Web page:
I told her that I think it means that we should refuse food that we know has been offered to idols.
Common sense, right?
But if I had not yet been to Asia when she asked me that question, I don't know what my reply would have been. Asia taught me that believers still face that exact situation. The instruction is a practical one here, as are many of the passages that refer to idols, special days, special foods or not eating meat in front of a vegetarian friend, and much more. It has never been more obvious to me that our Holy Book is an Eastern book. It bears many more physical and cultural parallels to Asia than to the Americas...because it is an Asian book.
But in the West, the turbans, camels, walled cities, servants, nose rings and arranged marriages of the East seem like distant fables, and we have a tendency to "spiritualize" any passage that we can't directly relate to. Understanding the culture into which our Holy Book was written is one of the most difficult parts of understanding what it has to say...and a part most of us sorely neglect. Too often we think that only the leaders of our gatherings, or radio preachers, are responsible to do cultural or background research. As for our own reading, too frequently we jump in and out of the text quickly, just looking for a quick application, without any time for background research. While sometimes we emerge unscathed, it doesn't mean that our method is wise. A careful and prayerful approach to the Word keeps us balanced and true...while haphazard hermeneutics could have us joining a fanatical cult in Texas. It is a worthwhile cause to take some time to understand how to understand the Word.
When I moved to Asia, one of the books I wished I could have brought was this book on interpretation. What follows is quoted from a chapter called "Bridging the Cultural Gap," pages 92-94. Zuck has helpful words about determining the relevance of certain passages to us:
"The following principles may be useful in determining which cultural practices and situations, commands, and precepts in the Bible are transferable to our culture and which ones are nontransferable.Zuck's well-organized book gives more examples of each of the above scenarios, as well as lots of other helpful guidelines for people who want to take their Book reading deeper. Every believer could be helped by skimming the book every few years to keep his reading and study on target. (Someone has scanned the whole book and put it online...copyright page and all! While they shouldn't have done that, it sure came in handy tonight for this girl whose beloved book is languishing in storage in Canada).
1. Some situations, commands, and principles are repeatable, continuous, or not revoked, and pertain to moral or theological subjects, and/or are repeated elsewhere in Scripture, and therefore are permanent and transferable to us. We need to ask if the Scriptures treat the situation, command, or principle as normative. Sometimes a reason is given for a command. Capital punishment is considered a permanent command because, after being given in Genesis 9:6, it is nowhere revoked, and the reason given in that verse is that man is made in God’s image. The command in Proverbs 3:5-6 to trust the Lord is certainly repeated, though stated in various ways throughout Scripture....
2. Some situations, commands, or principles pertain to an individual, non-repeatable circumstances, and/or non-moral or non-theological subjects, and/or have been revoked, and are therefore are not transferable to today. Paul’s instructions to Timothy in 2 Timothy 4:11-13 to bring his cloak and scrolls is obviously limited to Paul’s situation. Nowhere are Christian fathers commanded to sacrifice their sons as Abraham was told to do (Gen. 22:1-19); that command was only for that occasion in the patriarch’s life....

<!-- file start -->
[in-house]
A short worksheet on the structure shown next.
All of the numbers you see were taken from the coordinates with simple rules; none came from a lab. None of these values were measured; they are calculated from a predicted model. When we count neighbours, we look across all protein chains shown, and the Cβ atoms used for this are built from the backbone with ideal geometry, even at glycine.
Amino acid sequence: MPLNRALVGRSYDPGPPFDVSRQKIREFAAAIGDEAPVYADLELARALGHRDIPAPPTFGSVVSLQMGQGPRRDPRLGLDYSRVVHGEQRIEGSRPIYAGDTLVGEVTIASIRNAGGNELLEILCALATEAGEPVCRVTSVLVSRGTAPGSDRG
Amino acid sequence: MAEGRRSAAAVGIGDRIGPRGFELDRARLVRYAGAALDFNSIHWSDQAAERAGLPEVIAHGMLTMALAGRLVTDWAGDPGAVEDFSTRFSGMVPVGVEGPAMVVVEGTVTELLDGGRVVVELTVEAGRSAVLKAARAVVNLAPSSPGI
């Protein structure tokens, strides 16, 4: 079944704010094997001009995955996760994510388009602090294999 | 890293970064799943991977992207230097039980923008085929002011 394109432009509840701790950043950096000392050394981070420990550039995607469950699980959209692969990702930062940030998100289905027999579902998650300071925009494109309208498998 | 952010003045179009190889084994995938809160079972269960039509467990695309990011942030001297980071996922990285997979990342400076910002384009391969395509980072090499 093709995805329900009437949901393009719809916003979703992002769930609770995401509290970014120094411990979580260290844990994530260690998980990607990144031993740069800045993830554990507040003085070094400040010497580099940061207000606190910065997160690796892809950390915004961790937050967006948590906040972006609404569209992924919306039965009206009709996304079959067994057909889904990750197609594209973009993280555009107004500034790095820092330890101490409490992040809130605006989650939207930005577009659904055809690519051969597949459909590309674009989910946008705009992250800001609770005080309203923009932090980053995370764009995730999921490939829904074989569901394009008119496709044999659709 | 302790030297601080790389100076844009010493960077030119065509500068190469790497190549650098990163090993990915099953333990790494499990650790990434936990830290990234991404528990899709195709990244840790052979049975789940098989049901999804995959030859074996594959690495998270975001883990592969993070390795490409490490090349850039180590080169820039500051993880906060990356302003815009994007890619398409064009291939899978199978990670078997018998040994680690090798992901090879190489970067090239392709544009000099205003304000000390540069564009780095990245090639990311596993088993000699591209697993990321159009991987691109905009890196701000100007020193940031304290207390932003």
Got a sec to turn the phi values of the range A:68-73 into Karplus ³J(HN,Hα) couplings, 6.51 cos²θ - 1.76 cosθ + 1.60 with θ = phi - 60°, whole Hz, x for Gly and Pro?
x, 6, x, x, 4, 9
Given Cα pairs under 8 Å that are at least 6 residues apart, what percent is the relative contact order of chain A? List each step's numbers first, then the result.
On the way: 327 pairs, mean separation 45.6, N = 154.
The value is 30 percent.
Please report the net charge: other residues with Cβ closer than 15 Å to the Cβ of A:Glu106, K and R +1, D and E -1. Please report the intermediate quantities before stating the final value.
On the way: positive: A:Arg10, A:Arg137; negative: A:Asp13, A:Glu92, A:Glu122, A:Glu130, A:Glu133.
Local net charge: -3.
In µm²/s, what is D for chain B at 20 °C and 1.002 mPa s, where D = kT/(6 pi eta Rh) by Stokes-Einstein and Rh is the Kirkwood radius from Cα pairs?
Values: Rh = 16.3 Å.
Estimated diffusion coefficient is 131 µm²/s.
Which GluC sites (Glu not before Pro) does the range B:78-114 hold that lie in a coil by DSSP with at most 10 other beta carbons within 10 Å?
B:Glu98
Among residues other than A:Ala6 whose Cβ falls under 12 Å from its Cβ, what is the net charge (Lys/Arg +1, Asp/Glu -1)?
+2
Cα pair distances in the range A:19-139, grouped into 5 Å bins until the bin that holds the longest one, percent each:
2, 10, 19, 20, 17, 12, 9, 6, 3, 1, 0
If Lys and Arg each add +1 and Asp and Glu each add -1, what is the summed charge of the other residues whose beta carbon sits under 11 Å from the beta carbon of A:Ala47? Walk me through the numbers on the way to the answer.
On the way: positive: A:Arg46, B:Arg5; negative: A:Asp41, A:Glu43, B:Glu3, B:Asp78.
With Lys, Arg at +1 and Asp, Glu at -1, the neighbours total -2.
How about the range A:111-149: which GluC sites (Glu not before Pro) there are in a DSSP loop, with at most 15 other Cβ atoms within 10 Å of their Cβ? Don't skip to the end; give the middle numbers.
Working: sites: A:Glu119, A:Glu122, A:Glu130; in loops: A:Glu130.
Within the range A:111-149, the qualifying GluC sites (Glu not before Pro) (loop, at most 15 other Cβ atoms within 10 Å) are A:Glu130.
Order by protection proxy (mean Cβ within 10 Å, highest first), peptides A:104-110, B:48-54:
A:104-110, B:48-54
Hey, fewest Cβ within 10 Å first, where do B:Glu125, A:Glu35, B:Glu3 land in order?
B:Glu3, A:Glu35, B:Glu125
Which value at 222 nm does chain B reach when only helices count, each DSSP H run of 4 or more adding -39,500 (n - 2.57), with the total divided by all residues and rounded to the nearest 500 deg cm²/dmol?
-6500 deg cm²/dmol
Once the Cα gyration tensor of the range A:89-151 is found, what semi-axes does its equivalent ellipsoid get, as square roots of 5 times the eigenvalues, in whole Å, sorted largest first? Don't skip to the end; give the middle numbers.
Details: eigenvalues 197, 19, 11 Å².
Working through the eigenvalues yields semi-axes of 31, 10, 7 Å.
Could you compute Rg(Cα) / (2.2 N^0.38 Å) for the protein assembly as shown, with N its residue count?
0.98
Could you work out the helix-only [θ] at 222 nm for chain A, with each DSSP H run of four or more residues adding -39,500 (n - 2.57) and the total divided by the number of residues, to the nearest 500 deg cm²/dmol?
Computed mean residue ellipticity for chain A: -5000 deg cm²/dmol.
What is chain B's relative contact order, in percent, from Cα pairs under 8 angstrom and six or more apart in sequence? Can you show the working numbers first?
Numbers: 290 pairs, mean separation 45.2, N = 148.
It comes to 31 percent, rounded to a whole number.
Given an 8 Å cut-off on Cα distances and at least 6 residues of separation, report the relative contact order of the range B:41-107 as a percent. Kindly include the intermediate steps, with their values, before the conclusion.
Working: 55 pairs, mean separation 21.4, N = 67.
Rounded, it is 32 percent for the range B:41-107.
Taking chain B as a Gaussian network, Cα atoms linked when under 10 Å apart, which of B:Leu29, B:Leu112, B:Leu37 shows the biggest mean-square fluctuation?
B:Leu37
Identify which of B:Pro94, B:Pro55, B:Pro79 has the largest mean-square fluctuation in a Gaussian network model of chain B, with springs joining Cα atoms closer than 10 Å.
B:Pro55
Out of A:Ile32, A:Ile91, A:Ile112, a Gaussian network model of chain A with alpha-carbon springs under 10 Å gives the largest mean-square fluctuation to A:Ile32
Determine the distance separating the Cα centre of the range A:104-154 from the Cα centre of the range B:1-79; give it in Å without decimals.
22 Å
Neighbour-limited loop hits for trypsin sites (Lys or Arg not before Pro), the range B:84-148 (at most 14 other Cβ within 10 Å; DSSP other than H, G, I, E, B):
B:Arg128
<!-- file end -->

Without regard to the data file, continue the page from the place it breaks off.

3. Some situations or commands pertain to cultural settings that are only partially similar to ours and in which only the principles are transferable. Five times the New Testament refers to greeting others with a holy kiss (Rom. 16:16; 1 Cor. 16:20; 2 Cor. 13: 12; 1 Thes. 5:26; 1 Peter 5: 14). Since that was the normal form of greeting in that day, and since that is not the normal form of greeting in our Western culture, it follows that this practice need not be carried over to today. Instead the principle behind it should be followed, namely, to express friendliness and love to others. In Latin America the same principle is expressed by a hug rather than a kiss, and in America a handshake is sometimes accompanied by a hug or a pat on the back....
4. Some situations or commands pertain to cultural settings with no similarities but in which the principles are transferable. A sinful woman expressed her love to Jesus by pouring perfume from an alabaster jar on Jesus’ head (Matt. 26:7-8). There is obviously no way in which we can do this to Jesus now, but the principle holds that we can express our love to Him sacrificially..."
David Cooper is known for saying, "When the plain sense make common sense, seek no other sense." If we abide by this guideline in interpretation, 80% of our interpretation pitfalls will already be avoided. The example I gave of not eating food that has been offered to idols would probably fall into category 3 or 4 for most Westerners. But for Easterners it falls into category 1. We could try to draw elaborate modern-day Western parallels for idols, food, and offerings....but that would be going much farther than the text goes. Instead, we could draw a simple principle from it (à la 3 and 4) but concentrate on the obvious meaning based on the cultural context into which the Book was originally written.
And that is common sense.